Reconsidering the Sources of the Self in the Ancient, Medieval, and Early Modern Periods

The Sinful Self: locating and relocating responsibility for sin

Abigail Firey, University of Kentucky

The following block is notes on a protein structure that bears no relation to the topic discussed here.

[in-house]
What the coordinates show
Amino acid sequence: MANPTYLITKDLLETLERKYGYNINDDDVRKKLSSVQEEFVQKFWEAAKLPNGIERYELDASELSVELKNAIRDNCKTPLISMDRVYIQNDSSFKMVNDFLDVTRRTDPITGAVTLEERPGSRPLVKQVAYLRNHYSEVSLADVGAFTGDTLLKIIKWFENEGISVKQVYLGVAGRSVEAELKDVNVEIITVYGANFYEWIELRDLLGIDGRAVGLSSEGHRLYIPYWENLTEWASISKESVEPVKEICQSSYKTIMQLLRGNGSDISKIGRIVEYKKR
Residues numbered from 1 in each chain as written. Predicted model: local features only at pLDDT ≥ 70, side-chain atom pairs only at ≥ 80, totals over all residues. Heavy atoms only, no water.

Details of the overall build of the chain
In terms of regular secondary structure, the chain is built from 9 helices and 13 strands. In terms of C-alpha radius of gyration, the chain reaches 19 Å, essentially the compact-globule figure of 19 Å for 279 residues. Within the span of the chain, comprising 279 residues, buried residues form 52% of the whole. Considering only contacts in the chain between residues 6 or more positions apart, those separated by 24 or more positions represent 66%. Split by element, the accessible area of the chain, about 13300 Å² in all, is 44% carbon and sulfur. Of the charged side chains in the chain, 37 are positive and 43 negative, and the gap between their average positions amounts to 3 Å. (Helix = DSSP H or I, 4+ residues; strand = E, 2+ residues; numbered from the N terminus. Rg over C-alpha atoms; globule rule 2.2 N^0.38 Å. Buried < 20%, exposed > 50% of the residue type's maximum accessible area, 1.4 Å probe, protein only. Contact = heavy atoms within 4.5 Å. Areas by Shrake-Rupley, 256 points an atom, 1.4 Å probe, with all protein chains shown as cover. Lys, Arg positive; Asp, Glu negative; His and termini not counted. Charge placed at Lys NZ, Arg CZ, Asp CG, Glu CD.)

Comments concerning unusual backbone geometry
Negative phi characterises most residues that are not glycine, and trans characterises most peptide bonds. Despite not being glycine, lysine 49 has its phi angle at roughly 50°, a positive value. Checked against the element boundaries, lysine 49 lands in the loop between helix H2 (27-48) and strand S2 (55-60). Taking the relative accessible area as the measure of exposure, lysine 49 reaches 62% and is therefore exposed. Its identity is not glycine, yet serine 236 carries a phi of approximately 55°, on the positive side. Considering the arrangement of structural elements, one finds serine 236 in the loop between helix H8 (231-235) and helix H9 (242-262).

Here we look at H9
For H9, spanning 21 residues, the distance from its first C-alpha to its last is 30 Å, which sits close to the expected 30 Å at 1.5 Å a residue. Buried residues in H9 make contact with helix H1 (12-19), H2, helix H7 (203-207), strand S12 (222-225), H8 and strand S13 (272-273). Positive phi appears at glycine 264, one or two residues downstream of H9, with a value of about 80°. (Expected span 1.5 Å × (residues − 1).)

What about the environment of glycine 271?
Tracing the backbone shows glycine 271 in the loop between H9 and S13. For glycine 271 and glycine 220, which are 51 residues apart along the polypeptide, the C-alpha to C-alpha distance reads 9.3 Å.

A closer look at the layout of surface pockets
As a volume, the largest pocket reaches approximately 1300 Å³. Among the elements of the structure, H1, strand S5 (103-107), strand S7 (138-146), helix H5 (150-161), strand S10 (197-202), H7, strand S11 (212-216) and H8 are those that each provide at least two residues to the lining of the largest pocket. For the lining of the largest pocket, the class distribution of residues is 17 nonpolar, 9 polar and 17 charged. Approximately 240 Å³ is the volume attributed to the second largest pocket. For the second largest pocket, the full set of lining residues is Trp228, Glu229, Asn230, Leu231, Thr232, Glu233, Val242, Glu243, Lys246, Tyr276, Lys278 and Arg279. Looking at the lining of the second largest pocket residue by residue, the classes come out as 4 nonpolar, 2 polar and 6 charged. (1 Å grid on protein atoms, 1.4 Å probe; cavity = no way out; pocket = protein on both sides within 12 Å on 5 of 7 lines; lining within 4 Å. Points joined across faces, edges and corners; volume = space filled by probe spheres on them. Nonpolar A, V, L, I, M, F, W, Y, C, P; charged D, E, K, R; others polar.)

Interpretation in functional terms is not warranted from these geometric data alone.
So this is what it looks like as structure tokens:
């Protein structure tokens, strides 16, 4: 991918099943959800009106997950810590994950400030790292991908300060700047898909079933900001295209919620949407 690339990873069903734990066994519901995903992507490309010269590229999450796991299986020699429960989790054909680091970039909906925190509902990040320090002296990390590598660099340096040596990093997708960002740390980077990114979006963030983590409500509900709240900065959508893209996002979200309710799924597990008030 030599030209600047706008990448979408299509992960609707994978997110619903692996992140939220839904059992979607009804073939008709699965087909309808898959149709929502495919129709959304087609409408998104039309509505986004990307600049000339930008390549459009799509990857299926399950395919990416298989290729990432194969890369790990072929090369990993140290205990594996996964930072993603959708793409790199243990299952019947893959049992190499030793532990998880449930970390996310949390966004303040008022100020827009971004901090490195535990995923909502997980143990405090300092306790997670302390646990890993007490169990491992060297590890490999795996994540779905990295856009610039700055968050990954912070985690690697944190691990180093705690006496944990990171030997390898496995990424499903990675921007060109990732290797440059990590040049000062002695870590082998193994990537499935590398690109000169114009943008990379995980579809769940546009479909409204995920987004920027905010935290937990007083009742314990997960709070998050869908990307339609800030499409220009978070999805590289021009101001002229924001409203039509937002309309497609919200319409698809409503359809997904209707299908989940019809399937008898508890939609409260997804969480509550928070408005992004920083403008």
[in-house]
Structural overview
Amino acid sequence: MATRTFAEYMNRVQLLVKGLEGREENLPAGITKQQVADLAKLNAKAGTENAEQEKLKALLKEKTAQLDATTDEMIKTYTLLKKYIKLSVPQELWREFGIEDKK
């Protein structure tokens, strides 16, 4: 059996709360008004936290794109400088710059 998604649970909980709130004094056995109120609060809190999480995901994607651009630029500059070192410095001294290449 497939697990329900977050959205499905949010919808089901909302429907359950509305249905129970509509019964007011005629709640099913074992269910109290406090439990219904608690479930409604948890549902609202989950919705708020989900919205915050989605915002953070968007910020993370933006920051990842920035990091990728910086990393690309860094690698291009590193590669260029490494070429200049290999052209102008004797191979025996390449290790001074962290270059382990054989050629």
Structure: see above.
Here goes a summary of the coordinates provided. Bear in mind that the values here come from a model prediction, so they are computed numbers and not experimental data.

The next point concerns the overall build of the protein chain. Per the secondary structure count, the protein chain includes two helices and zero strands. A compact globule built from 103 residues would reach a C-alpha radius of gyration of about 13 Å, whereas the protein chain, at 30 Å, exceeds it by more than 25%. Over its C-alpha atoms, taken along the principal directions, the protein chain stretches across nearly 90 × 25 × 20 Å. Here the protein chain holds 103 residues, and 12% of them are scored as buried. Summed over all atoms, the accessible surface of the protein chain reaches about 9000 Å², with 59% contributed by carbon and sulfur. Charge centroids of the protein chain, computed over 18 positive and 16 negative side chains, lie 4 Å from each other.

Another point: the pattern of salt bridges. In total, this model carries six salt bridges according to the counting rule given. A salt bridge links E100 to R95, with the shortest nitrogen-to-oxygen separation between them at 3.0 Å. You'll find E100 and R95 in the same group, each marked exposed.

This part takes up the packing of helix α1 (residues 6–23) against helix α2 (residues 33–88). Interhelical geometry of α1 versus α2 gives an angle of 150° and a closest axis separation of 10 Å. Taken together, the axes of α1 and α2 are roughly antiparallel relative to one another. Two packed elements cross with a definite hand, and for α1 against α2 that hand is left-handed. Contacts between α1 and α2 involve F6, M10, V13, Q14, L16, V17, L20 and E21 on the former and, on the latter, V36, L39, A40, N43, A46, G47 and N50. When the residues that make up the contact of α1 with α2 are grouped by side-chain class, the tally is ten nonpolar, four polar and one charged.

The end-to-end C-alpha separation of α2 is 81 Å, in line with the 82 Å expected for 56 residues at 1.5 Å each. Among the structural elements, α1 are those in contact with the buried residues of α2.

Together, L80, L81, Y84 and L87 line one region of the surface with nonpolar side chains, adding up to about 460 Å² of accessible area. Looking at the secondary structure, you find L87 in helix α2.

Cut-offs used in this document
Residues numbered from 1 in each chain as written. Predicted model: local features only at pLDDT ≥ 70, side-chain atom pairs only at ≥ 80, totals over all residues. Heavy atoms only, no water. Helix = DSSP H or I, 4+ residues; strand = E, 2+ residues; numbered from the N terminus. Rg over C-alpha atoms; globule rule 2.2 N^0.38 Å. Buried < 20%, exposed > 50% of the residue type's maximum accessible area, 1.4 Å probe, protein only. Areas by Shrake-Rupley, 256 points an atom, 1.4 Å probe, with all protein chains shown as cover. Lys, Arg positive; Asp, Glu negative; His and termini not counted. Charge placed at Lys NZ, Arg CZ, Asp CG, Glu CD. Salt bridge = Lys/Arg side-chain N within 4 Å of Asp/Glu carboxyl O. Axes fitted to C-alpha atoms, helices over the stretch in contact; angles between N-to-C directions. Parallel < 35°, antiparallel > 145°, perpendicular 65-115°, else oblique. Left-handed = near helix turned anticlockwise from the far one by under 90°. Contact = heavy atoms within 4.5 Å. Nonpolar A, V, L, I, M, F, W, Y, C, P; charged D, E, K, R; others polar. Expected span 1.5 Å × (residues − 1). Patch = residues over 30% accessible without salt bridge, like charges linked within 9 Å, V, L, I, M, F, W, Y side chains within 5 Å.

In Sources of the Self, Charles Taylor traces historically the evolution of perspectives on the moral self. In that summary, Taylor places Augustine as the essential and sole pivot between Plato and Descartes, ascribing to Augustine “a turn to radical reflexivity” that “made the language of inwardness irresistible.” That inwardness, Taylor observes, for Augustine “is a step toward God.” This position opens two areas of enquiry. First, as an exploration of the moral as the good we can be, rather than what it is right to do, Sources of the Self largely sets aside problems relating to what is not good. Second, the standard canon of philosophers who figure large in Taylor’s account omits swathes of traditions generated and transmitted by writers who were either anonymous or less towering in intellectual stature than Augustine. This paper tests some of Taylor’s observations about the boundaries, or boundedness, of the self by probing Scriptural and late antique traditions about sin, with particular attention to the concept of vicarious assumption of sin that transposes guilt from the self or community to another, as when the scapegoat of Leviticus 16 bore sin into the desert, or when the crucified Jesus took on himself the sins of Christians.


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